Who else has heard beliefs like these?
"How can this student be included? They run around all day and won't sit down."
"I can't consider this student for inclusion because they're too loud."
"They can't be included because we don't know how they'll act."
"They're not 'ready' for inclusion."
In my previous blog post I talked about how expecting students in segregated settings to earn their way into inclusive settings with academic acumen is unjust. This post focuses on how schools often also expect students with disabilities to "prove" that they can "behave" in general education settings before they are allowed to try.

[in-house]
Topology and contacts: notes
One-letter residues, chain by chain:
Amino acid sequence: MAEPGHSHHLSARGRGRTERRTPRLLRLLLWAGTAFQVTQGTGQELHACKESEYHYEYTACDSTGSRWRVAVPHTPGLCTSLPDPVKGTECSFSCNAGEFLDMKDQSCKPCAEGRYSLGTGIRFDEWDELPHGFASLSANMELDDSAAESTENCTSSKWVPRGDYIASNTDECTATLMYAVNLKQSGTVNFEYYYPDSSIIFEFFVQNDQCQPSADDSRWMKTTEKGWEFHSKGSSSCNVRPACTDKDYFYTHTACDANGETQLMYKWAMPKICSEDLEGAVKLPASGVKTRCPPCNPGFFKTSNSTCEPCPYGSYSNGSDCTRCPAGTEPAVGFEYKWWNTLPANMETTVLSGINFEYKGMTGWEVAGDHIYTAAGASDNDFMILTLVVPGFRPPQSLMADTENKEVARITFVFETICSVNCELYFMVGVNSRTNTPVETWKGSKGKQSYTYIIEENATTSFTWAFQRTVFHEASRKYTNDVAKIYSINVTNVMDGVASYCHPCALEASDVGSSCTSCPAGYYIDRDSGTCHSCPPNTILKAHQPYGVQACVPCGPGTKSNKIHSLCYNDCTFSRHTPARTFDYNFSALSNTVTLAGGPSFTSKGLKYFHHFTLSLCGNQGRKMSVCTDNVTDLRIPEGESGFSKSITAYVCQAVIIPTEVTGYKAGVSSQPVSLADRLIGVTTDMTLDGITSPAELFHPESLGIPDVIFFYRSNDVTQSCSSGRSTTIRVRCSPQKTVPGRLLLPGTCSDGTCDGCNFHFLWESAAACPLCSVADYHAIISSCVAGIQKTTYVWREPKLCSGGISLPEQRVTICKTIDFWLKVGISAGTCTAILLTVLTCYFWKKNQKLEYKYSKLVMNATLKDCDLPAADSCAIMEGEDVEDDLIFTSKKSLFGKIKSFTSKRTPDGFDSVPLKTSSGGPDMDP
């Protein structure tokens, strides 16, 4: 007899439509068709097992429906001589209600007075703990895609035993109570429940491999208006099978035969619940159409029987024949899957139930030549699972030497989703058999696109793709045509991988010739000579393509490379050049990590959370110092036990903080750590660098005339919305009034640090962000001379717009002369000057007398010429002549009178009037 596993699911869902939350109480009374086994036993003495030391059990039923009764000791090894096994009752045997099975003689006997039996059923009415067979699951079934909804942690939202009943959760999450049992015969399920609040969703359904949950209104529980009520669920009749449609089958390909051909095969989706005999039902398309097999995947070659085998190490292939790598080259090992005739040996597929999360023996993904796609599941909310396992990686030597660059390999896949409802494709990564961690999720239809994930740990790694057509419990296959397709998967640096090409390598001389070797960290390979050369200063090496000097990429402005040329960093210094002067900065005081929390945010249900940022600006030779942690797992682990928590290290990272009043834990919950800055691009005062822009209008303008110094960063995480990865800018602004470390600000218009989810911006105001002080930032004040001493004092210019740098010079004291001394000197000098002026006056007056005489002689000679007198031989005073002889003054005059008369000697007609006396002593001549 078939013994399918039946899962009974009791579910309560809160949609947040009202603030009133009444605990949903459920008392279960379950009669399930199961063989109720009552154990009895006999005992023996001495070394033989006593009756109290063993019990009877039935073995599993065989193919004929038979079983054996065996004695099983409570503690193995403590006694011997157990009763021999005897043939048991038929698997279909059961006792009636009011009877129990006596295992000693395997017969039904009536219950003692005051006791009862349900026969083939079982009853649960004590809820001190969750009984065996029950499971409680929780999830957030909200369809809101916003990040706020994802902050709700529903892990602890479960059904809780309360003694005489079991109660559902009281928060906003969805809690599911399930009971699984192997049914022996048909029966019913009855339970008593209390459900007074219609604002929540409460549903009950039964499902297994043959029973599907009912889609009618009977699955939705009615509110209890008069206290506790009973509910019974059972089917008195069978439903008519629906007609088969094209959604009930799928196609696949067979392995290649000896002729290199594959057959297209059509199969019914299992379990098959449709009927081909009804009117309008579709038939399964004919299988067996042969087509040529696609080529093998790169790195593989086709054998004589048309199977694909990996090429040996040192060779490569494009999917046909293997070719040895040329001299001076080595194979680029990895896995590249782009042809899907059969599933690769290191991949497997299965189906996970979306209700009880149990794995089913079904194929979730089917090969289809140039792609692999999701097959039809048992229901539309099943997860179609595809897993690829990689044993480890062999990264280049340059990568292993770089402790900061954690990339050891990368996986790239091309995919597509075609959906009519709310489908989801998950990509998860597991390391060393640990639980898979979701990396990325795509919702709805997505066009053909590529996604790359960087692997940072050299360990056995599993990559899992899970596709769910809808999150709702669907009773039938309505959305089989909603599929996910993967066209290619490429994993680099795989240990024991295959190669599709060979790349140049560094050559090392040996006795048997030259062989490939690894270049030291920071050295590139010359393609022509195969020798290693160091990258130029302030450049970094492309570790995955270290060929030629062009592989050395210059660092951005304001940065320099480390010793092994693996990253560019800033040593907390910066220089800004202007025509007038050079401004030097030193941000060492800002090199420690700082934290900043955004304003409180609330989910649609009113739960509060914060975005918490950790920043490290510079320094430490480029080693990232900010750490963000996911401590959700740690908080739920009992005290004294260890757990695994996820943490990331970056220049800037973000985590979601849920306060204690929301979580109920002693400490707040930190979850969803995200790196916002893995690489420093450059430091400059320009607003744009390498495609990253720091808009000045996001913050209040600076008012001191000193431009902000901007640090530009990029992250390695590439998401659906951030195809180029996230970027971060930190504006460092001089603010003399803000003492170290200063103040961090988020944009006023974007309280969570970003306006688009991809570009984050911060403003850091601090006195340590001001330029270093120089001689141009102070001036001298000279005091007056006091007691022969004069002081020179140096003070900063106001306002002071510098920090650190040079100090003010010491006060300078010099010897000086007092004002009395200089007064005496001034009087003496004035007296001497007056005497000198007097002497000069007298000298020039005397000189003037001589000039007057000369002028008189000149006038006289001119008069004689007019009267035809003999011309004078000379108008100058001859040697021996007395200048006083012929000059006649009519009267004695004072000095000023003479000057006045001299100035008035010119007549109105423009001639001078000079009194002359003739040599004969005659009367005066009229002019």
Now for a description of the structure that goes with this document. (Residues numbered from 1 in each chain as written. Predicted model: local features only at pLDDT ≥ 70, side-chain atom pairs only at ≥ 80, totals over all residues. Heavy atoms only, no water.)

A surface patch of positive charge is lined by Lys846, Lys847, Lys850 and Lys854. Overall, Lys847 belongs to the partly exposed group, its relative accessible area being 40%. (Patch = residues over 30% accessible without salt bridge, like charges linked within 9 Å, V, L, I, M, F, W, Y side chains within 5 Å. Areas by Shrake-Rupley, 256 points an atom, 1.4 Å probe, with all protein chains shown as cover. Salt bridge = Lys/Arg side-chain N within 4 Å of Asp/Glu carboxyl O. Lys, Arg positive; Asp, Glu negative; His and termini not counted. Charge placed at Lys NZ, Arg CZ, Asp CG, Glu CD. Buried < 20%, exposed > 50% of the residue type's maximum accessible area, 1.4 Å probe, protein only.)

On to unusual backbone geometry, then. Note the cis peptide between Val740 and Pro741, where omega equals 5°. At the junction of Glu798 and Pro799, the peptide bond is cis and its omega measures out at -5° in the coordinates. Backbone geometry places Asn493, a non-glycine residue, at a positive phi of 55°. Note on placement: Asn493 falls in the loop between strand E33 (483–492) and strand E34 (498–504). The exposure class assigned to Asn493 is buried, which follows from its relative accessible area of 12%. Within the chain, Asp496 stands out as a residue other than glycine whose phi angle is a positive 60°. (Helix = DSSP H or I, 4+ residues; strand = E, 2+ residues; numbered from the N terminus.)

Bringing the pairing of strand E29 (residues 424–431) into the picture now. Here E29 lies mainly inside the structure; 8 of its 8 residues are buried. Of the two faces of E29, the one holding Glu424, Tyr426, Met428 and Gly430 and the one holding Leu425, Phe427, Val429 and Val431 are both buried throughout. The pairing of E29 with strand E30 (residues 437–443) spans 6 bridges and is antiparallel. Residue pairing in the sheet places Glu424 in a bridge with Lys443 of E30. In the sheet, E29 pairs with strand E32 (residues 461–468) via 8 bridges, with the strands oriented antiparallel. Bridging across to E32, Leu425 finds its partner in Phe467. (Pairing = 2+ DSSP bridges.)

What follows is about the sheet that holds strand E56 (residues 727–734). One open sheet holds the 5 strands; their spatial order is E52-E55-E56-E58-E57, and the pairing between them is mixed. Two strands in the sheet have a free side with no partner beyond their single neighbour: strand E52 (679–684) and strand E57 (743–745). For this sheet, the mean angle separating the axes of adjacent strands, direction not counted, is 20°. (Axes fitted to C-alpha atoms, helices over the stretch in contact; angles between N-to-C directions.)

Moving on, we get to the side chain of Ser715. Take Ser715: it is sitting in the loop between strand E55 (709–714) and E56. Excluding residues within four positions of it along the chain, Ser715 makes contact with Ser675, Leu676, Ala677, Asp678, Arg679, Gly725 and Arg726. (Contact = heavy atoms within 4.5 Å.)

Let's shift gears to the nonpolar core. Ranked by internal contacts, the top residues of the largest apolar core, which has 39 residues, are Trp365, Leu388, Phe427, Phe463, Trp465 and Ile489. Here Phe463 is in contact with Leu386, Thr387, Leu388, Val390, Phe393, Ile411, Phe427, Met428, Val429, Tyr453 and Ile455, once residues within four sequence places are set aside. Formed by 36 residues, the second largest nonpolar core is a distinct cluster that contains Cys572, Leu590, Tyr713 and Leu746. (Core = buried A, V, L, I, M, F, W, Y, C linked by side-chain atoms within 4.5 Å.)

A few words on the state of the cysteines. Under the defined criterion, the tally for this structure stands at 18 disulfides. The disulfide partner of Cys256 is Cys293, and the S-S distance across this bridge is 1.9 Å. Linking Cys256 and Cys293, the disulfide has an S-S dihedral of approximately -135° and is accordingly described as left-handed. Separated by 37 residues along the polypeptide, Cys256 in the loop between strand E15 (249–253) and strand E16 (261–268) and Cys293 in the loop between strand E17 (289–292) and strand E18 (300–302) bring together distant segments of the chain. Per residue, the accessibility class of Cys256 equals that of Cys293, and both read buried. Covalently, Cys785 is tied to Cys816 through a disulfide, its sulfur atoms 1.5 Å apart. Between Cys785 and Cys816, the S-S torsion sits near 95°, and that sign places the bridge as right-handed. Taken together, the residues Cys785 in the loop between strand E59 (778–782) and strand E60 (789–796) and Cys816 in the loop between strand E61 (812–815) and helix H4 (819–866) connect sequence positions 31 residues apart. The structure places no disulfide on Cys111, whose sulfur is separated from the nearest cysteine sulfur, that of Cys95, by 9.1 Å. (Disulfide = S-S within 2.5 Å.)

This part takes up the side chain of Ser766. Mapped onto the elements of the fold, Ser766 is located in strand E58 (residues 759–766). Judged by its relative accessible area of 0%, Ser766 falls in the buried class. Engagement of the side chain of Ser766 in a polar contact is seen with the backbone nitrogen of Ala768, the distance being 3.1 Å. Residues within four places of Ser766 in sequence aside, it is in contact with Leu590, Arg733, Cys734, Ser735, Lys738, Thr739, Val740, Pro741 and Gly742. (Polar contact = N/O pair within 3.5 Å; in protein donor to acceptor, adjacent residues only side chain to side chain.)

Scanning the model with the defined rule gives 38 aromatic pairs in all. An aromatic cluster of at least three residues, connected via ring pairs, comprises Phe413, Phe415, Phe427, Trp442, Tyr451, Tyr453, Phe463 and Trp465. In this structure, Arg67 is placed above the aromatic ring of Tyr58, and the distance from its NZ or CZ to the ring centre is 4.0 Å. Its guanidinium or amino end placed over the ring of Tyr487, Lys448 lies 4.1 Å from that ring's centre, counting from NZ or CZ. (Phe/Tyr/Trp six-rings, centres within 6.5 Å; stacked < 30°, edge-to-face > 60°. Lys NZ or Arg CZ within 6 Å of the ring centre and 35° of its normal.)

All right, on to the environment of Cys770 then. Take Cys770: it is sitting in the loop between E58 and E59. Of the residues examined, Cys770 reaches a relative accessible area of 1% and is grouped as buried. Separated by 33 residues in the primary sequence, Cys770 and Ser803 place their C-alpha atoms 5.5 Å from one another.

When I hear the above questions, I ask:
Why are they moving around? What can be done to help them learn to regulate their body and get the movement they need in an inclusive setting?
Why are they making noise? What can be done to help them learn to regulate their body and get the sound or other sensory input they need in an inclusive setting? Does sound really bother other students or are adults making an assumption?
Of course you don't know! You've never tried!
Why? How do we know? Try inclusion with appropriate supports!
In all cases let's go to the inclusive setting prepared to help students use self-regulation tools and skills, and ready to accommodate and modify on the fly.
"If you are inclusive then your students will be inclusive." - Inclusion Starts Now, 2022